Indigenous Peoples’ lands are threatened by industrial development; conversion risk assessment reveals need to support Indigenous stewardship

Christina M. Kennedy, Brandie Fariss, James R. Oakleaf, Stephen T. Garnett, Álvaro Fernández-Llamazares, Julia E. Fa, Sharon Baruch-Mordo, Joseph Kiesecker

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Abstract

Indigenous Peoples are custodians of many of the world's least-exploited natural areas. These places of local and global socio-ecological importance face significant threats from industrial development expansion, but the risk of conversion of these lands remains unclear. Here we combine global datasets of Indigenous Peoples’ lands, their current ecological condition, and future industrial development pressure to assess conversion threats. To assess vulnerability and risk of conversion, we create an index based on indicators of the strength and security of Indigenous Peoples’ rights to their territories and resources, their representation and engagement in decisions impacting them, and the capital available to support conservation and sustainable development. We find that nearly 60% of Indigenous Peoples’ lands (22.7 million km2) are threatened in 64 countries. Among the 37 countries with the highest threat, socio-economic and political vulnerabilities increase conversion risk, particularly the limited recognition and protection of territorial rights. We suggest strategies and actions to bolster Indigenous Peoples’ self-determination, rights, and leadership to reduce this risk and foster socio-ecological well-being.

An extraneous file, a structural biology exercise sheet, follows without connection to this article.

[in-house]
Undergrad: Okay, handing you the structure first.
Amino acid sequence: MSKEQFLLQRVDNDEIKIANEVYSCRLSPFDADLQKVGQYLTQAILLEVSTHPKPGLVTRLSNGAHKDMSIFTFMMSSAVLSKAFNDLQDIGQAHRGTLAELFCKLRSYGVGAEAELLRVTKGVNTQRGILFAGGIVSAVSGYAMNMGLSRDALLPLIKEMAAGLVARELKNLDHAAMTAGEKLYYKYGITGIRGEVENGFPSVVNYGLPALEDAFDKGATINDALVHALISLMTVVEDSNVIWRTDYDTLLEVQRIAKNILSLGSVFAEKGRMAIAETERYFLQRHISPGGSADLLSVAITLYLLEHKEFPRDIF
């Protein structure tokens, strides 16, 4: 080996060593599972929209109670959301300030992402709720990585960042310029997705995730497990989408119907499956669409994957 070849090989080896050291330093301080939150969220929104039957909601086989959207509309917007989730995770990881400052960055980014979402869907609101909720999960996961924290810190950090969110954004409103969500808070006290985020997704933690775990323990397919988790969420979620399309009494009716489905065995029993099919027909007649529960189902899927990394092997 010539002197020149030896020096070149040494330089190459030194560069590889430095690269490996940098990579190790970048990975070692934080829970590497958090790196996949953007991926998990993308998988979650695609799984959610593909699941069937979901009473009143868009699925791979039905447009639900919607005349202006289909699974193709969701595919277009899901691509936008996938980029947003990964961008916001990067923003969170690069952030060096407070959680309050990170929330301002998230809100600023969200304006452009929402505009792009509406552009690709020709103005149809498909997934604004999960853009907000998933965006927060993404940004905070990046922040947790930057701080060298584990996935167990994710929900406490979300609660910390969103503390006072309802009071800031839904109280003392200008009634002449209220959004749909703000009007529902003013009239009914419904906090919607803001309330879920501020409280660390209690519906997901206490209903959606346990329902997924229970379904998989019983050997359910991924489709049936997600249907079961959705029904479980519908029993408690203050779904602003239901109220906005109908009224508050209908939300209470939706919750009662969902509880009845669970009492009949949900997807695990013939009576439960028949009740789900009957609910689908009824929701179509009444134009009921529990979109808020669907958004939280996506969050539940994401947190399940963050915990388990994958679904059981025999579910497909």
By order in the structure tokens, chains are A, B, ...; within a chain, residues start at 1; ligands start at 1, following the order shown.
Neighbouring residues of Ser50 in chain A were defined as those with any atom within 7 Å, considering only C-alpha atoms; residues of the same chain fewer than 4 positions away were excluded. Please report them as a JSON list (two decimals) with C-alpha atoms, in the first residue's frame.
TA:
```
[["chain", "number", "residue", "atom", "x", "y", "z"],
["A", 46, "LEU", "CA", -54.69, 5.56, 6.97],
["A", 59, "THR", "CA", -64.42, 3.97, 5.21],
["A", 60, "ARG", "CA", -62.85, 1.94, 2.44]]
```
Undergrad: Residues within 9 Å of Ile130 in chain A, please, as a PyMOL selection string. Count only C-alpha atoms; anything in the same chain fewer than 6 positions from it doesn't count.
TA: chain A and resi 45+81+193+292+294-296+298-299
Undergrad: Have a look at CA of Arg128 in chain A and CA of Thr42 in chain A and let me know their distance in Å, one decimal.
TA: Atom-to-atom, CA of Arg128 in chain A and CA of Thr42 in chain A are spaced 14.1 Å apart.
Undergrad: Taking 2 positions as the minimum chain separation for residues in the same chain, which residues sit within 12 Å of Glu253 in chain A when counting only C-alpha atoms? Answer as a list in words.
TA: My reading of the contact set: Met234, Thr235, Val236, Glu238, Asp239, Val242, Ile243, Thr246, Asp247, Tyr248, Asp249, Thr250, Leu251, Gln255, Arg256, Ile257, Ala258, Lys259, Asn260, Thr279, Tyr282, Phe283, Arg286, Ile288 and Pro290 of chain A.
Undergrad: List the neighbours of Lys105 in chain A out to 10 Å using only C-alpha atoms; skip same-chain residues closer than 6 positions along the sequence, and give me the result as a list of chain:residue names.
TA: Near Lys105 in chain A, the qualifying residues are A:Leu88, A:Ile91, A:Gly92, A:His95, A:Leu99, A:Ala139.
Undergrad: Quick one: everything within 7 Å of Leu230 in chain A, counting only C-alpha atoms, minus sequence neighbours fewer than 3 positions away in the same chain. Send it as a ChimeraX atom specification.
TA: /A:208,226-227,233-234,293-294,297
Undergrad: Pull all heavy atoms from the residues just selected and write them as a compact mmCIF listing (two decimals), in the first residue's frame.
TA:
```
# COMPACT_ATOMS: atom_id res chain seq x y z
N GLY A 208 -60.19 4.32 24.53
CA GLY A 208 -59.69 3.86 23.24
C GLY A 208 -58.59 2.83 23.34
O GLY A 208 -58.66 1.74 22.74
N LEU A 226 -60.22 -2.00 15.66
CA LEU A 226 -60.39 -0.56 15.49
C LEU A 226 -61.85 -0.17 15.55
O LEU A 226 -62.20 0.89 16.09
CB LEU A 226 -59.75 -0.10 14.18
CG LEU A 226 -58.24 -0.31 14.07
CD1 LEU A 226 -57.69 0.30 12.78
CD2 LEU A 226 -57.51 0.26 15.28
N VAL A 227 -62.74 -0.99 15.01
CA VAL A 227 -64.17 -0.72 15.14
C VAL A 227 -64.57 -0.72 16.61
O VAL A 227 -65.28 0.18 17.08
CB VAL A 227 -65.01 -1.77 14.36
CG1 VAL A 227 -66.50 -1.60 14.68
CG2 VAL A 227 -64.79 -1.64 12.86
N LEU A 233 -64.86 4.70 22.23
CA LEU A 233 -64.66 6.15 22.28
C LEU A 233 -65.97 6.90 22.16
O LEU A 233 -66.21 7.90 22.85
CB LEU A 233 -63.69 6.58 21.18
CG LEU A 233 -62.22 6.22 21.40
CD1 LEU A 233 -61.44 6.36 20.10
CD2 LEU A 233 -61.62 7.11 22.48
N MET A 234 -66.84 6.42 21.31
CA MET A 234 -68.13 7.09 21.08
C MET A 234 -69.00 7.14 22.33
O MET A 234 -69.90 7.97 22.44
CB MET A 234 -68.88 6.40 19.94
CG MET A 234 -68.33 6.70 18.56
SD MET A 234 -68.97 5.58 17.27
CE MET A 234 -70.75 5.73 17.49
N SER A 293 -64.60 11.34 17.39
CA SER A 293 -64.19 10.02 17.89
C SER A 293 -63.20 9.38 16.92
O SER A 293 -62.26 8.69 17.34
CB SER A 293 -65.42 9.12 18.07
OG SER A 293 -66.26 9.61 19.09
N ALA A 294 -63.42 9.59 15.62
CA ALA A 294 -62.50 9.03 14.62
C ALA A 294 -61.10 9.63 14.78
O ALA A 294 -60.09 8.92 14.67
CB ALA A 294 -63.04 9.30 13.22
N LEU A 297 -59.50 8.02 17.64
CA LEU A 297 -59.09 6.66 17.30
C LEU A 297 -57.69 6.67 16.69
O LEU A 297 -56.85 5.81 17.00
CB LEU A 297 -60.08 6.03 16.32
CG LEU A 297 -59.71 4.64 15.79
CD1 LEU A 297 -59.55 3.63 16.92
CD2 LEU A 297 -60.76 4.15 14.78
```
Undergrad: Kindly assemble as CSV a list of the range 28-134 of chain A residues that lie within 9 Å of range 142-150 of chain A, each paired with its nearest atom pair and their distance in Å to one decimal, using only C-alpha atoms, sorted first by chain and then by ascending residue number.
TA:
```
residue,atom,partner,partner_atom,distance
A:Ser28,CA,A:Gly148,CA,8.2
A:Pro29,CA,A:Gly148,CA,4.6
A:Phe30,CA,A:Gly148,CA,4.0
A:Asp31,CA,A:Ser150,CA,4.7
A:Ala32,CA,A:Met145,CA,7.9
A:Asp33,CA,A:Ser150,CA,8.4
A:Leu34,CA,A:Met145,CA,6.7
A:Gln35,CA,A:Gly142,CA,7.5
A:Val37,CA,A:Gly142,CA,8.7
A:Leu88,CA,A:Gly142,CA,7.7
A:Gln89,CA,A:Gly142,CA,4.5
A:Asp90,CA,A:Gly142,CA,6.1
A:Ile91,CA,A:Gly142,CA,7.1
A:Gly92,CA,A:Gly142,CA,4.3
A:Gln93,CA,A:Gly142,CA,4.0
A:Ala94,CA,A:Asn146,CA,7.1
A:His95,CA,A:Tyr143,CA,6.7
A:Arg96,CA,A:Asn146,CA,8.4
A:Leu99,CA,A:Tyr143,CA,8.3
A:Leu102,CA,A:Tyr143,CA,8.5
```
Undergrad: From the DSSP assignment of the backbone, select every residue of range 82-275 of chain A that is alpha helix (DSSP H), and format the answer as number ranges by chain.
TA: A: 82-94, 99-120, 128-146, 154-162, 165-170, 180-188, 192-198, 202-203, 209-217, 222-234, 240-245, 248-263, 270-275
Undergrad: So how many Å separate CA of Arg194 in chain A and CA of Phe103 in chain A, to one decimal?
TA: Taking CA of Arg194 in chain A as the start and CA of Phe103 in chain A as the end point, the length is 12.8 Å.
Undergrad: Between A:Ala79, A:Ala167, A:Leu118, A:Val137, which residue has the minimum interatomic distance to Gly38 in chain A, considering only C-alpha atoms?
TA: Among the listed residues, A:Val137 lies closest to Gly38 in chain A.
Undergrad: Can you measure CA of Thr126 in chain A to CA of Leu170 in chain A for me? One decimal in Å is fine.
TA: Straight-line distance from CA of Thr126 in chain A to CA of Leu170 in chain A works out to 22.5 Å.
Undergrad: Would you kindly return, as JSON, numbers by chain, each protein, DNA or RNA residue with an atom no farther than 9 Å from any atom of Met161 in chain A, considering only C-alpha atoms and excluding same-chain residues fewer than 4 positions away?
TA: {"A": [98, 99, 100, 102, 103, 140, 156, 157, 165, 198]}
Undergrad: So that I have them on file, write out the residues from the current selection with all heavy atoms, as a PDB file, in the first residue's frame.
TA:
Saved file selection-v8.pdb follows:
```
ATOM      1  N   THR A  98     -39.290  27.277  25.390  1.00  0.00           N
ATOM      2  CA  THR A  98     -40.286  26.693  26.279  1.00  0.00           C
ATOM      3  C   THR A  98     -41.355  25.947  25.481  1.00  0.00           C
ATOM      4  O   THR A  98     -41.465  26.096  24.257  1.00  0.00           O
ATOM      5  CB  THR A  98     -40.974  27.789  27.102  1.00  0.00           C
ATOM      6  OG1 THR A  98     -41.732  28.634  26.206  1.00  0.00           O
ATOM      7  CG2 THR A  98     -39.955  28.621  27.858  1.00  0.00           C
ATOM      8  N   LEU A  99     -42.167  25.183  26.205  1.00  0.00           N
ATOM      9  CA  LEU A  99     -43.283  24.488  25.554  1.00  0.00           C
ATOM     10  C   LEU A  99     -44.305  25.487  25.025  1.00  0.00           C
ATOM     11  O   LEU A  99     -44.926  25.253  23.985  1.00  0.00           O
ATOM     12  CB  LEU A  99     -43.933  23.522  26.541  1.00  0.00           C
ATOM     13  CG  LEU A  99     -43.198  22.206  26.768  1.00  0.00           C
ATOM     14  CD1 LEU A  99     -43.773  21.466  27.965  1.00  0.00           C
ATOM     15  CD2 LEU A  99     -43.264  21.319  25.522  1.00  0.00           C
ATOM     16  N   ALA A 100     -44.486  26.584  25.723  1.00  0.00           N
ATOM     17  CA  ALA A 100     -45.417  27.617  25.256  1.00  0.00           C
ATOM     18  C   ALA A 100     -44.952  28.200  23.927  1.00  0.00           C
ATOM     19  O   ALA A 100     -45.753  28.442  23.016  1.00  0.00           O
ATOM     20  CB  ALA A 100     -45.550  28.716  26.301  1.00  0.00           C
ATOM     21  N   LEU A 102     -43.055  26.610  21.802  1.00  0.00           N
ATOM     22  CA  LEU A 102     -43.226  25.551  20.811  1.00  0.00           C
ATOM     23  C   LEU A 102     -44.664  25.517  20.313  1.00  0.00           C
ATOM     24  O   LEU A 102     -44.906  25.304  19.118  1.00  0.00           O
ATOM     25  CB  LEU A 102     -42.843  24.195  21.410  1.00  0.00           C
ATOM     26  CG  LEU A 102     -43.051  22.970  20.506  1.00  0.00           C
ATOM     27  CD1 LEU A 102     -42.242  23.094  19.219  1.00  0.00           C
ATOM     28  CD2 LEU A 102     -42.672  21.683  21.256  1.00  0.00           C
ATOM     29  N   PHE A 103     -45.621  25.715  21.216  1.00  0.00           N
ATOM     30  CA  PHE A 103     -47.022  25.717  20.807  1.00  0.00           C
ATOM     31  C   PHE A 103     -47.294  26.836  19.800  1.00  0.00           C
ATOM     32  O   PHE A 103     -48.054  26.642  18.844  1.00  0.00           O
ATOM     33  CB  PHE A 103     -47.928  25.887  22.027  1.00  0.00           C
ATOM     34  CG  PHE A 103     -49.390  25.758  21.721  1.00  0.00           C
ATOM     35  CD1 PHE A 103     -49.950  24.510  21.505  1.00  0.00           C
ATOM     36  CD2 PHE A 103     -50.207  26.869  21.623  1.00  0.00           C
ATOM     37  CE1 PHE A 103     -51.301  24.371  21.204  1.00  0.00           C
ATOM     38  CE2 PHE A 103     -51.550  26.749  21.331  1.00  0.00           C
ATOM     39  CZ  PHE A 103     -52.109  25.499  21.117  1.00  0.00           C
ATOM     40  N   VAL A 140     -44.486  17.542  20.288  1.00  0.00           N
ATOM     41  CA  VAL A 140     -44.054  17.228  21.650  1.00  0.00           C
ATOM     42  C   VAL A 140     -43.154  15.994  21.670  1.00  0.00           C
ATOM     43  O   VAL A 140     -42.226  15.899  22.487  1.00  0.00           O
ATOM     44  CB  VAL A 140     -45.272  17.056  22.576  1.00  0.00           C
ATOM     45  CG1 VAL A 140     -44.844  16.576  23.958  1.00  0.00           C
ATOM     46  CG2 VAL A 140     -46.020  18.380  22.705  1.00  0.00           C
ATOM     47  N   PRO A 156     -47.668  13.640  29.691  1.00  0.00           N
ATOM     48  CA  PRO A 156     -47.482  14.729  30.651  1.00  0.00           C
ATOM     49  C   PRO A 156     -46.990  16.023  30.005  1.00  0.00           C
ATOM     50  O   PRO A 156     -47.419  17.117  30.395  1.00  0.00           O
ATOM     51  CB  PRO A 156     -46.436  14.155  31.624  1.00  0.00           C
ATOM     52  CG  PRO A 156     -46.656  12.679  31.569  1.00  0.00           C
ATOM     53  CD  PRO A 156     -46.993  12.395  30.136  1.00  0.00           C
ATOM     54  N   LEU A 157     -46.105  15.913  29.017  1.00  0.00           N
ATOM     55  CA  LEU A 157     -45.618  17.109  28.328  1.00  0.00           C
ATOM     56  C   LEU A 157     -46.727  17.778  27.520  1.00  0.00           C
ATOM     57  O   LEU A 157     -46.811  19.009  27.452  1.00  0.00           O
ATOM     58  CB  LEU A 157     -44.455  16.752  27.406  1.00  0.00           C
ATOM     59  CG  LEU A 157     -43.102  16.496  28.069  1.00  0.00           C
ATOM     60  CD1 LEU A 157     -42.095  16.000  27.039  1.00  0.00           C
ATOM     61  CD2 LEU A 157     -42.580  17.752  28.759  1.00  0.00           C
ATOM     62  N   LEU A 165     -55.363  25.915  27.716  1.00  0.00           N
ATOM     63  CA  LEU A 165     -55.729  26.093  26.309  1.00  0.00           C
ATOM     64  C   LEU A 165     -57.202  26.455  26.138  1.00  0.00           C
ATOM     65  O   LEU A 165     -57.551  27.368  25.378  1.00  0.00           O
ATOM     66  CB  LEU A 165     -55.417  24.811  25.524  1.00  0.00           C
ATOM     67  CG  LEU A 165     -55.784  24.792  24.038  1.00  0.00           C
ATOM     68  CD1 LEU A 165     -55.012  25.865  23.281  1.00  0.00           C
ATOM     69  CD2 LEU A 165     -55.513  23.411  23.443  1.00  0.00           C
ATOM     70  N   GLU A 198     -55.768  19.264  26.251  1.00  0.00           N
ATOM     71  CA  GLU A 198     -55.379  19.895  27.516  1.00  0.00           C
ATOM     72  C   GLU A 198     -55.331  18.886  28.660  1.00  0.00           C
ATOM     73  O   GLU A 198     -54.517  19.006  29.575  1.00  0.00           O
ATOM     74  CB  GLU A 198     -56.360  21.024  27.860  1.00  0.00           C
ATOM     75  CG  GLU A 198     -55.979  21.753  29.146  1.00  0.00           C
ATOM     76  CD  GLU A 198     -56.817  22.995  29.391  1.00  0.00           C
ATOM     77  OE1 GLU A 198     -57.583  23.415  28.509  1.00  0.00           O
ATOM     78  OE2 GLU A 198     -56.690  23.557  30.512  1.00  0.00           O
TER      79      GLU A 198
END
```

Original languageEnglish
Pages (from-to)1032-1049
Number of pages18
JournalOne Earth
Volume6
Issue number8
DOIs
Publication statusPublished - 18 Aug 2023

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